CVR Presents New Techniques at Siggraph 2005

A paper presentation at Siggraph 2005 in Los Angeles last month by Hongcheng Wang, a member of the Computer Vision and Robotics Laboratory, enlightened thousands attending the annual graphics convention about techniques the group developed for compactly representing multidimensional visual datasets for efficient image-based rendering on a PC.

Dynamic Bidirectiona Texture Functionsl

The presentation was based on a paper by Professor Narendra Ahuja (AI) and his student Wang, in collaboration with Professor Yizhou Yu and his students Qing Wu and Lin Shi, called Out-of-Core Tensor Approximation of Multi-Dimensional Matrices of Visual Data. Included in the presentation was the first-ever 7-D dynamic Bidirectional Texture Function (BTF) video, produced by the lab.

The paper describes their techniques for compactly representing multidimensional visual datasets for efficient image-based rendering on a PC. Operating directly on the compact representation, they were able to efficiently interpolate new images that included the dimensional information that often makes scenes so compelling - and that usually gets lost in image transfer methods.

Using their methods, the group began with a set of images of a wave-filled swimming pool from a sparse number of viewing directions and under a limited variety of lighting conditions. They then showed what the same scene would look like at different times of the day as the light changes, and from continuously varying perspectives, and with the waves moving faster or the water becoming placid. The continuous, interpolated images introduced temporal, spatial and illumination changes in the scene - factors missing in the original image set - in close to real time.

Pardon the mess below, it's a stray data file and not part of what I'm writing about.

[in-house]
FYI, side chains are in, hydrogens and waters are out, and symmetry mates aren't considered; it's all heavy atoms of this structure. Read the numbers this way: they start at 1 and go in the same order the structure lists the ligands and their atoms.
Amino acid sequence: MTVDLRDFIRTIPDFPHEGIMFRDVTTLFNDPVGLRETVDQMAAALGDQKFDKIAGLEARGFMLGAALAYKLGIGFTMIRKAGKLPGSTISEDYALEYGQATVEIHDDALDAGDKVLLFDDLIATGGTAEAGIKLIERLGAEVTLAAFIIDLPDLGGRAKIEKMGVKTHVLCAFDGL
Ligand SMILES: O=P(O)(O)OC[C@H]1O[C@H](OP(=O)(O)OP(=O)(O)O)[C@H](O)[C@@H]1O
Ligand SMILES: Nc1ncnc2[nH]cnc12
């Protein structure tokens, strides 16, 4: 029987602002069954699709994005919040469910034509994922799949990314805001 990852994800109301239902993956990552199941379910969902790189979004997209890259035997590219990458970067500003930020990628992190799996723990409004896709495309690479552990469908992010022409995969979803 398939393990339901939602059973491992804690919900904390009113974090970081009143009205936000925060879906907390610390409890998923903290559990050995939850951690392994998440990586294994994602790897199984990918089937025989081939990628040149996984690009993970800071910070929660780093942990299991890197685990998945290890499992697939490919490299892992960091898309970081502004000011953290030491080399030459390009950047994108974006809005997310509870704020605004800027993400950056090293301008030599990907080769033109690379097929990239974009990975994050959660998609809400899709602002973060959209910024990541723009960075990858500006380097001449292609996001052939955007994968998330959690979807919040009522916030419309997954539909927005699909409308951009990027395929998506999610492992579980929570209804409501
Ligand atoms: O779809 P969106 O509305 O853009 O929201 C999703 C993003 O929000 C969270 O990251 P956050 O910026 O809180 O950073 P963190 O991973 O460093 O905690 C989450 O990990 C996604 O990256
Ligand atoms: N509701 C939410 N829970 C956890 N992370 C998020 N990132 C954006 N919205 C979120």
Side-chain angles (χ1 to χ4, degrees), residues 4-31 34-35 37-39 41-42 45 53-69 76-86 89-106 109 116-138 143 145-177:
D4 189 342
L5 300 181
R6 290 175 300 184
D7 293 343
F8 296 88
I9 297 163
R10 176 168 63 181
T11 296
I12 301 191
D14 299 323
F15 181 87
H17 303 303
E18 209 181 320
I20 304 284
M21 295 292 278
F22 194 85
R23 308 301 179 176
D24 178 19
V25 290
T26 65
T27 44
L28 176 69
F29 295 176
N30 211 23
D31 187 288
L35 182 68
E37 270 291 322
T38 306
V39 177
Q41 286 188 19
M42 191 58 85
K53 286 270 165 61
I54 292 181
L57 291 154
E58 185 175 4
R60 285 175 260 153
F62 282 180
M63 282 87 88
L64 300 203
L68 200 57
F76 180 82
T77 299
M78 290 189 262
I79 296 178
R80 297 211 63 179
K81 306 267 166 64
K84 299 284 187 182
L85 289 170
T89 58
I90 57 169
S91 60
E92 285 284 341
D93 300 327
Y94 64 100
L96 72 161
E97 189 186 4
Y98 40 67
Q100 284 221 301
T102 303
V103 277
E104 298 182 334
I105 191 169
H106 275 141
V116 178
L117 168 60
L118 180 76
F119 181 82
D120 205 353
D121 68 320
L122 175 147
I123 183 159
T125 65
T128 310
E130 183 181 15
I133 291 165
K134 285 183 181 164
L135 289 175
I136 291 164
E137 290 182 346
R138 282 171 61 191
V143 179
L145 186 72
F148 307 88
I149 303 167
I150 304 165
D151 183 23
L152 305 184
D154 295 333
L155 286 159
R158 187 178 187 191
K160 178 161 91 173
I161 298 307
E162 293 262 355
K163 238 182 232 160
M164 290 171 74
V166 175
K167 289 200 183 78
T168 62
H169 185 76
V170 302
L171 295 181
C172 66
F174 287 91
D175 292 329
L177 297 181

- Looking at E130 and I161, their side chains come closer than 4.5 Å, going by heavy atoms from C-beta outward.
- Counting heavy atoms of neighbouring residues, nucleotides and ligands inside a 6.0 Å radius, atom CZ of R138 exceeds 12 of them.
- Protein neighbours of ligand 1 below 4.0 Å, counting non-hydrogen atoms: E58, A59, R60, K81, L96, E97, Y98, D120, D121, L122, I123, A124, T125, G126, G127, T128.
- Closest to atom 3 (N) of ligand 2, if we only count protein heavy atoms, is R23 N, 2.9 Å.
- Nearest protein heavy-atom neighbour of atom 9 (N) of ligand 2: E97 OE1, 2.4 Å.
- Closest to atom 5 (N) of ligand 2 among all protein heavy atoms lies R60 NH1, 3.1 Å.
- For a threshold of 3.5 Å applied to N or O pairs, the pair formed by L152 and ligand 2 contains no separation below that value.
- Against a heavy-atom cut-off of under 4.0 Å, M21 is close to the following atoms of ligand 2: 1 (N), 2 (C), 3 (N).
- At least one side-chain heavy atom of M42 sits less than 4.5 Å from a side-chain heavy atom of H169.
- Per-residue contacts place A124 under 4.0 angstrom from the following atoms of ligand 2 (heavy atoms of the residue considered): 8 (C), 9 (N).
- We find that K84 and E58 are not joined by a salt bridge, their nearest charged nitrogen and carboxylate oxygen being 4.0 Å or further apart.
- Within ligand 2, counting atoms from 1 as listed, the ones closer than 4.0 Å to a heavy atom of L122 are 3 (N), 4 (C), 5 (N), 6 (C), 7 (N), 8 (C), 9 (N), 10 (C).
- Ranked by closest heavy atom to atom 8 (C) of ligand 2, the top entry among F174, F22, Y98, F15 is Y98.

"What we have done gives us the ability to redisplay a scene, i.e., to create a video, which depicts a new viewpoint, or new lighting conditions, or new display speeds, starting with a relatively small number of images of the original scene," Ahuja said.

Ahuja said that one reason for this success is that, unlike many image processing algorithms that flatten data into a linear string of numbers, thus losing the multidimensional information, their representations retain the original, higher dimensionality of the space.

"When we do this approximation to discover the structure, which in turn enables us to do the animation, we don't lose the original dimensionality of the data, which is very important," Ahuja said.

"In addition to (that) capability, an independent, desirable feature of this work is efficient utilization of storage. Normally, this kind of image processing would require huge amounts of memory, or core, which is usually prohibitive for a personal computer.

"We had to devise an algorithm which had to work in the normally available amounts of computer memory and be able to operate on a part of the data at a time, and yet perform the same overall computations over time. So you're not paying any price in quality for having less memory; the result is still the same as if you had infinite memory."

Ahuja, who is director of the Computer Vision and Robotics Laboratory, and a member of the Artificial Intelligence group, said applications could include uses in animation and movies.